The rainbow coalition of 8 January came together yesterday in its new avatar as the United National Front for Good Governance (UNFGG) to unveil its 60-month plan to change the socioeconomic and political landscape.
The UNFGG, which comprises dissident sections of the UPFA, the Jathika Hela Urumaya, the Tamil Progressive Alliance, the Sri Lanka Muslim Congress, the All Ceylon Muslim Congress and several other political parties and civil society movements, pledged to usher in change within five years, with focus on five key areas.
Entitled ‘A new country in 60 months’, the UNFGG manifesto pledges that if it is elected to office on 17 August, the coalition will focus on strengthening the economy, implementing strong anti-corruption mechanisms and ensuring freedom and justice, infrastructure development and education reform.
“This is not an election manifesto. This is a development plan. It is to implement this plan that we are seeking a mandate from the people,” UNP Leader and Premier Ranil Wickremesinghe told the gathering at the Vihara Maha Devi open air auditorium yesterday.
Wickremesinghe said the coalition would seek to govern consultatively, including by using input from civil society through a special civil society council.
The UNFGG economic policy will favour both competitive markets and social justice, the Prime Minister explained.
“To go forward, we need a competitive market economy on the one hand. On the other, we must ensure social justice. The UNFGG wants to create a social market economy, to create jobs, to raise incomes, to root out corruption and foster reconciliation,” the Prime Minister asserted.
“This is where we will begin our revolution. We will defeat the counterrevolution that is now being threatened. Let’s say goodbye to the past, and start on a new road,” Wickremesinghe urged.
In clear broadsides at former President Rajapaksa who is contesting the poll as a candidate in the Kurunegala District, the Prime Minister criticised family rule established by the previous administration.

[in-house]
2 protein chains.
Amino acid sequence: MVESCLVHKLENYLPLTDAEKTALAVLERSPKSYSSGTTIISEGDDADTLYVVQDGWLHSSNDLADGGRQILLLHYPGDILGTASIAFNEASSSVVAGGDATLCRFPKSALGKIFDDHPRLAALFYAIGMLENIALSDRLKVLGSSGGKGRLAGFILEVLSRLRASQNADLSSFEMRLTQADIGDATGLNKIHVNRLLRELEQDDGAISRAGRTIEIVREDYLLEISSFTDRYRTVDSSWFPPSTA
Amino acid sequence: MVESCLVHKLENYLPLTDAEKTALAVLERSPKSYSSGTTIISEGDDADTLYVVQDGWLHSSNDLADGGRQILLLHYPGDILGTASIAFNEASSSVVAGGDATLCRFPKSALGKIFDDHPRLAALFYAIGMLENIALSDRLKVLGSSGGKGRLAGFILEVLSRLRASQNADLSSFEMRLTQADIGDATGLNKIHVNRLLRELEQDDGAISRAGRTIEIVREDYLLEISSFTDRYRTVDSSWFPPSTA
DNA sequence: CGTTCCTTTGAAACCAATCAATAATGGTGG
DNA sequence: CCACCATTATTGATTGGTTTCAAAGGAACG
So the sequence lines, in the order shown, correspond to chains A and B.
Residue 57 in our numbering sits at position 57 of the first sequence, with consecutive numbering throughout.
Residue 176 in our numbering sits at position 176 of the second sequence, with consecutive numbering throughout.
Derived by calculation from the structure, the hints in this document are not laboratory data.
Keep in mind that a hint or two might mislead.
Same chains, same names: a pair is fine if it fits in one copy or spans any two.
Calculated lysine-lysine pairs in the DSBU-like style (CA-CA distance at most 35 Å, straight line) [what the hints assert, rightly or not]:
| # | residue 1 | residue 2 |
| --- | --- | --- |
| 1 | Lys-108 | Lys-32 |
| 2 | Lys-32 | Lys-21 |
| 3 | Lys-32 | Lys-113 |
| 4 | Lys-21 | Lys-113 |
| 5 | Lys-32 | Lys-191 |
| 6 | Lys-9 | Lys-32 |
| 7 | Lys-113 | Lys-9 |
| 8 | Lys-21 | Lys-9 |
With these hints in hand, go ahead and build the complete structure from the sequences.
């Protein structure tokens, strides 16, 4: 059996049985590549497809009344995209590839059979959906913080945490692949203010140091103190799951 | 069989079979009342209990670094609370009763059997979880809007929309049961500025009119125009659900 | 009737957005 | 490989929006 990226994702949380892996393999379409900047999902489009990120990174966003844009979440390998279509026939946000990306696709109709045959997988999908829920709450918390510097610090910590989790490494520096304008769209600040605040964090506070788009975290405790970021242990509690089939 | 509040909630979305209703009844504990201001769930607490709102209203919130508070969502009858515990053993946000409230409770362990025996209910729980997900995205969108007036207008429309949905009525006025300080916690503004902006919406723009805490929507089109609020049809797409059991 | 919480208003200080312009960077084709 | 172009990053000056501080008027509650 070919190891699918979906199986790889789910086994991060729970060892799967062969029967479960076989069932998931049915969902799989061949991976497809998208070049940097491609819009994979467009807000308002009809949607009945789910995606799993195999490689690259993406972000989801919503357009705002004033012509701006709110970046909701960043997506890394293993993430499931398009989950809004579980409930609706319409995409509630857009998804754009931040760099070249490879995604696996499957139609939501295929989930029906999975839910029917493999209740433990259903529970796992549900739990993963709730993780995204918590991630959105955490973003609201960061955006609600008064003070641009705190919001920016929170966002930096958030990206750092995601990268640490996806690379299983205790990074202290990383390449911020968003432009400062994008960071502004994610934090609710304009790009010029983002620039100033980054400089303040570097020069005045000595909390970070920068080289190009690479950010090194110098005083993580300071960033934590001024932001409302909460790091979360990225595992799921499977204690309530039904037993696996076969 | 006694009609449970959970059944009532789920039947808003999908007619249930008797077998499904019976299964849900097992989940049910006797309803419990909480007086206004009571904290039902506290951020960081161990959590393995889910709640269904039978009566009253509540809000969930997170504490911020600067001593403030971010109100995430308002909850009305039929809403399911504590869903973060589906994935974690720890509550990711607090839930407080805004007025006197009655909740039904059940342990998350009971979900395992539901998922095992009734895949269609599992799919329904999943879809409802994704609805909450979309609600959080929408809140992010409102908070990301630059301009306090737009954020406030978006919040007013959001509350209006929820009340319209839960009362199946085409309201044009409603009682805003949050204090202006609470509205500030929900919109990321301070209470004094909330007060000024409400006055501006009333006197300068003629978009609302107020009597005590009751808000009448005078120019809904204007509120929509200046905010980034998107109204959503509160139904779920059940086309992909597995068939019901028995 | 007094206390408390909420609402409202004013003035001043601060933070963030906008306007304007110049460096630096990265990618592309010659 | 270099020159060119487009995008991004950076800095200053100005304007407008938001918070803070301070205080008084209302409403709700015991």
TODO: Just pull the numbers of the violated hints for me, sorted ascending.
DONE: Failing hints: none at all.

“I have no interest in building palaces. I want to make your home, your paddy field, your business a kingdom for you. I don’t want to create royal families. I want to make your family kings,” Wickremesinghe said in a charged stump speech at the manifesto launch.
JHU General Secretary Champika Ranawaka mocked the former President for making promises about a fresh start. “To start afresh, you need new people. You need new policies. Who are his people? Namal baby is contesting, Chamal Rajapaksa is contesting, Basil Rajapaksa is running his campaign, Gotabaya Rajapaksa is involved in the campaign – so where are the new faces?” Ranawaka charged.
The JHU strongman said new policies and new people stood on their side of the political divide.
“This is where we will start afresh. The new era begins here, with this alliance,” Ranawaka said.
Also addressing the gathering, Health Minister Rajitha Senaratne said the ‘yahapalanaya’ journey would not end until every plunderer in the previous administration was brought to justice in the courts.
“The majority of those surrounding the former President are corrupt forces. People involved in ethanol smuggling and heroin smuggling and casino mafias,” Senaratne charged.
Senaratne said that on 8 January, they had become the Government, but the state sector had been filled with Rajapaksa loyalists.
“All we had with us were the people. What the people ask us today is not whether we will reduce the cost of living – we have done that. They don’t ask us if we managed the reforms. We did that. They ask us what action we took against crooks and murderers, because they gave us the mandate for good governance,” Senaratne charged.
The Minister said that the Government was not willing to effect political witch-hunts the way the Rajapaksas did to Sarath Fonseka.
An emotional Senaratne said the people were wide awake. “Everywhere you look, there are green flags. By the town, by the village, the people have risen. We will win. Before we die, we will turn our motherland into a golden country,” he said.
Maduluwawe Sobitha Thero, who was the spiritual leader and architect of the common candidacy movement that brought change in January, said it was time to shed party differences and focus on policies that would change the country.
“I’m asking the people to forget about blue blood, red blood and green blood. It’s time to band together around a common policy. Don’t put ethanol crooks and drug dealers into the new Parliament,” the monk urged.